Let's Talk Logos
Logos seem simple. They're just the representation of your business, right? I think we should read that again: the representation of your business. No pressure or anything! Logos not only need to attract new clients/customers and visually tell them what your business is about, but they need to be something that will help your clients/customers return to you as well.
"What was that lawn service called? I think it was something gross...didn't it have flies around it? Oh yeah, Stinky Pete's Lawn Service and Cologne Testing!"
If the shoe fits, stink it up! But seriously, making a good logo is a balancing act and a lot goes into it: what you were picturing, what your designer suggests, what your clients want to see, and what works for your branding.
This type of logo is characterized by being the full version of the business name. It leaves nothing to the imagination, but that doesn't mean it can't be imaginative! According to a study done by Tasty Placements, 37% of the world's top 100 brands use a word mark.
1. Because it is the full name of your business, it usually tells people everything they need to know.
2. The amount of characters that a full name contains gives you a lot of room to brand your business.
1. This is the age of social media and they usually don't fit well in a profile picture square or circular space.
This type of logo is characterized by being mostly initials or a monogram. It's commonly seen in the logos of professional businesses like law firms and hospitals or when the company name is hard to pronounce or remember.
1. There are a lot of size options when you don't have to design a logo around consecutive long words.
2. Initials could be a lot easier for your clients to remember. If your name is Maria Petrokovina, you might consider shortening it to MP Photography.
1. If your lettermark spells out a well-known acronym (like MVP) or something dirty (like...I leave it to your imagination), you might want to avoid this one.
This type of logo is characterized by being a combination (imagine that!) of a symbol/icon and letters or words. A combination mark is the gray area between the two and that definitely has benefits. According to the same study as before, 56% of the world's top 100 brands use a combination mark.
1. It's all the benefits of associating your business with not only its name, but also a symbol.
2. They're a lot easier to trademark than other types of logos because they are more unique.
1. Balancing words with an icon can make designing a combination mark more tricky.
This type of logo is characterized by having text contained within a symbol, icon, or shield. All those hipster-type microbrewery logos that are super popular right now? This is the one! It is self-contained and usually requires some pretty nifty typography tricks.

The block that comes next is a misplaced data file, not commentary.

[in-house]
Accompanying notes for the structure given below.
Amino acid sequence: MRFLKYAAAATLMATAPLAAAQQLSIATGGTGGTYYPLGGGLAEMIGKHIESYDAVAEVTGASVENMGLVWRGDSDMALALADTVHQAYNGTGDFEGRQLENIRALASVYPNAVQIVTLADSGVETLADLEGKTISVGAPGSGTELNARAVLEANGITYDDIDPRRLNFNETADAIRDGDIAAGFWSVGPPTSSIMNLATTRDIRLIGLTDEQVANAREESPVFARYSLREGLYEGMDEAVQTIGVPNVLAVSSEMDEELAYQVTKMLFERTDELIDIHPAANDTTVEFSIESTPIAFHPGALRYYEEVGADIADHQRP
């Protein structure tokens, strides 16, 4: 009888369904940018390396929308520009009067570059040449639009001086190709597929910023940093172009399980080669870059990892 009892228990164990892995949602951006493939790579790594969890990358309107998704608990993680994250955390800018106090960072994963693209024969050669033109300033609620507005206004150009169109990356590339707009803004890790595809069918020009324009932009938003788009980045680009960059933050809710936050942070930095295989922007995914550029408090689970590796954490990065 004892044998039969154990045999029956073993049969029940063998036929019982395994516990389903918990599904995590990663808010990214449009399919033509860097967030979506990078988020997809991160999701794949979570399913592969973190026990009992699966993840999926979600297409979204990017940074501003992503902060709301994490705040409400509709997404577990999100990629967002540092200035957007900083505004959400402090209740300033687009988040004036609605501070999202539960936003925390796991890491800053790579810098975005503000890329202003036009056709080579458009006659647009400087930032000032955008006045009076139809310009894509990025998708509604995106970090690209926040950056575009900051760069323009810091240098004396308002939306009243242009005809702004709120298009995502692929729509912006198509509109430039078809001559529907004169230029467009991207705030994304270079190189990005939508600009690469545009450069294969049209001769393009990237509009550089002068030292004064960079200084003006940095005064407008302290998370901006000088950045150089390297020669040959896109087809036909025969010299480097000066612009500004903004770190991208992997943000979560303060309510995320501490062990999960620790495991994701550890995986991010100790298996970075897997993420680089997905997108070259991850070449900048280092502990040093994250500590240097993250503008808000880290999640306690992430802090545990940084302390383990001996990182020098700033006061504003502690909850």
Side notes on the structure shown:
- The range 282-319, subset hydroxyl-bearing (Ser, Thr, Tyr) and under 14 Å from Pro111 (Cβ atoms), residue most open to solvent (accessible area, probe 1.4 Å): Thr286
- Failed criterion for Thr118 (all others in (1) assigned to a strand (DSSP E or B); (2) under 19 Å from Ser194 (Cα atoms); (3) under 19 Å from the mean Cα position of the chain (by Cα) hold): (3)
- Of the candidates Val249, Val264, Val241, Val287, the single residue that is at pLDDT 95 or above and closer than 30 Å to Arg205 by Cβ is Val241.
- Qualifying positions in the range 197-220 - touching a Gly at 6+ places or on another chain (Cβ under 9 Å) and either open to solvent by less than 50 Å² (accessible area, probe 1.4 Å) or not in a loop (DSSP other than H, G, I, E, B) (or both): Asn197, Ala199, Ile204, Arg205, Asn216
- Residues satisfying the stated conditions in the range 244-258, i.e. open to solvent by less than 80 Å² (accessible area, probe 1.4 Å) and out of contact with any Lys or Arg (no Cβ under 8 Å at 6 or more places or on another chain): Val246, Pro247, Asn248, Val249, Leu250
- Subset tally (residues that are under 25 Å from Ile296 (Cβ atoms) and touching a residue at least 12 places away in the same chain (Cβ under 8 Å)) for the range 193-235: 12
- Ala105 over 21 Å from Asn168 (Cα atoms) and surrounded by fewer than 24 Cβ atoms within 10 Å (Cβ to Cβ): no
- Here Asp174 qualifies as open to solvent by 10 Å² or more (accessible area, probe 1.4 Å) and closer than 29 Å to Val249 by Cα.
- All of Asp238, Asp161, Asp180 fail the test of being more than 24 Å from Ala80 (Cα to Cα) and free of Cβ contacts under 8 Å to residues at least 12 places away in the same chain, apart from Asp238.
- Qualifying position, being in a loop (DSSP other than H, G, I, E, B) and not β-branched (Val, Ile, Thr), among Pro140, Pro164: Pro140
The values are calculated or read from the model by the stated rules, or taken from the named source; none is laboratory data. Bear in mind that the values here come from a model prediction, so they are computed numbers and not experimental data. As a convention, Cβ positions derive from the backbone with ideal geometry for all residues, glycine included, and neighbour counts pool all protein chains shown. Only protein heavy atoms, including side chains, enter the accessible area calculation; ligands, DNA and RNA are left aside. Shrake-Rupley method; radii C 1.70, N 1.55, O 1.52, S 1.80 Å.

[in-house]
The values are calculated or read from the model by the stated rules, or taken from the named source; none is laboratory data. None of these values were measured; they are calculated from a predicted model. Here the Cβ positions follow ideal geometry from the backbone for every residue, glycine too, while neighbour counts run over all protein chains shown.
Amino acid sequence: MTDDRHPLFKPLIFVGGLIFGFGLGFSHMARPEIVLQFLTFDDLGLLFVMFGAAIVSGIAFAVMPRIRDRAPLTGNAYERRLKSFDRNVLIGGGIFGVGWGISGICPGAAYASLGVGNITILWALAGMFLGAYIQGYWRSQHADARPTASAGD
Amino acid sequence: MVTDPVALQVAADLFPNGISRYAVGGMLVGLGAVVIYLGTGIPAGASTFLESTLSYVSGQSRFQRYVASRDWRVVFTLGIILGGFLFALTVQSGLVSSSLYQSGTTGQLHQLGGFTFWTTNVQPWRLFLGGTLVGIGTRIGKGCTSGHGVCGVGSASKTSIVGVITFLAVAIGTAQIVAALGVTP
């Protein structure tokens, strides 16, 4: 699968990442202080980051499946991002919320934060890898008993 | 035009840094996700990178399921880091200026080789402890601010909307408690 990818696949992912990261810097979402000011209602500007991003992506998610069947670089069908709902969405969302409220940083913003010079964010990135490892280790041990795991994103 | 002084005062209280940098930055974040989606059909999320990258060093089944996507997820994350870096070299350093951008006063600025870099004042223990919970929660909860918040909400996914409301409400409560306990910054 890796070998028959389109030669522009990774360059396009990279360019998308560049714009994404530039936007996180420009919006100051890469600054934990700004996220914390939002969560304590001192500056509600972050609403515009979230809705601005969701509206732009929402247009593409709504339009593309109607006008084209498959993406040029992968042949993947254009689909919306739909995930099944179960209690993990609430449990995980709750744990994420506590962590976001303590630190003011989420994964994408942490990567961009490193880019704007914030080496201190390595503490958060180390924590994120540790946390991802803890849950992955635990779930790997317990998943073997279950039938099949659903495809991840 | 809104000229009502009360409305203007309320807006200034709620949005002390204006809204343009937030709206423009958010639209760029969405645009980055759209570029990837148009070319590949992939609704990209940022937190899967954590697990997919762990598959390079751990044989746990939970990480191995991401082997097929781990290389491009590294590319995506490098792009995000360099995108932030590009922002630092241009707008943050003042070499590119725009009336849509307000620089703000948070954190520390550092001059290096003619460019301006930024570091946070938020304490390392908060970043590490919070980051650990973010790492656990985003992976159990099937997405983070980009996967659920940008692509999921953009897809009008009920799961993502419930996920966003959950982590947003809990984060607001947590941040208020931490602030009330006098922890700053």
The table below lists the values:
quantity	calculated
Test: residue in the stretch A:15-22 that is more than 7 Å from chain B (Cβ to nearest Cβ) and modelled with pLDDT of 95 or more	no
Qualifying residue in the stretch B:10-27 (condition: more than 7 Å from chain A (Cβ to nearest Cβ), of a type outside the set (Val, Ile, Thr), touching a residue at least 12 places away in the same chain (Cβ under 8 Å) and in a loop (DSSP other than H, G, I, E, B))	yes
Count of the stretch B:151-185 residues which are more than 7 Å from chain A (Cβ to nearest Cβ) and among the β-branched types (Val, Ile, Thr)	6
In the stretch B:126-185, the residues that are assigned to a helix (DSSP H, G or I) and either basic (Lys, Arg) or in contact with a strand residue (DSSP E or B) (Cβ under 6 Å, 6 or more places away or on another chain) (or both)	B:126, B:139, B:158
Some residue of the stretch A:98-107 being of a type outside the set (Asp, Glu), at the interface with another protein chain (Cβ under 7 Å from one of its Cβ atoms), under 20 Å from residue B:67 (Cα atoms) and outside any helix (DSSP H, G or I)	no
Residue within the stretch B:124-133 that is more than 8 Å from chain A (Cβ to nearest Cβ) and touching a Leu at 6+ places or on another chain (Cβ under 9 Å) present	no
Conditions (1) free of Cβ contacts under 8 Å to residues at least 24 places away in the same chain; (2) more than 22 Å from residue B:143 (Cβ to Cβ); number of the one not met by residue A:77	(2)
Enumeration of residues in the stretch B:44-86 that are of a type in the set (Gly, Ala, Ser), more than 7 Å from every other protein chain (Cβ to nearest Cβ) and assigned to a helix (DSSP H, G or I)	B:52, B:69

1. Because they are a specific shape and that shape is usually a 1:1 ratio, they fit perfectly for profile pictures.
2. They're very trendy, which leads me to to...
1. They are very trendy. It could go one of two ways. Either your brand looks established and retro or in a couple years, it looks dated.
This type of logo is characterized by being composed solely of a symbol of icon. According to that same study by Tasty Placement, only 6% of the world's top 100 brands use a brand mark. They're the super iconic companies like Apple and Nike. You can find lots of examples, so I'm not going to put one here. I don't make these or if I do, it's a brand mark in association with other logo types.
1. If you've got it, you've got it, baby. The brands that use these are famous the world over and have the most recognized and remembered logos in the world.
1. Most companies starting out won't have the renown to pull one of these off.
SO WHAT DO YOU SUGGEST?
I'm so glad you asked! I like to set my clients up for success, especially online; that usually requires a long form logo and a short form logo. Think of the long form as what would go on your business card and the short form as what would be your social media profile picture. The long form version is usually either a word mark or a combination mark and the short form is most commonly a letter mark or emblem. You could use a brand mark if you have one, but since they don't include text, brand marks don't tell viewers what your business is about. That can be tricky if you're involved in social media conversations or industry blogging.
You can always follow Pickles & Oliver on Pinterest for up-to-date tips for social media, blogging, design, branding, and small business success. I hunt down all the best advice from the pros and curate it for you in one place.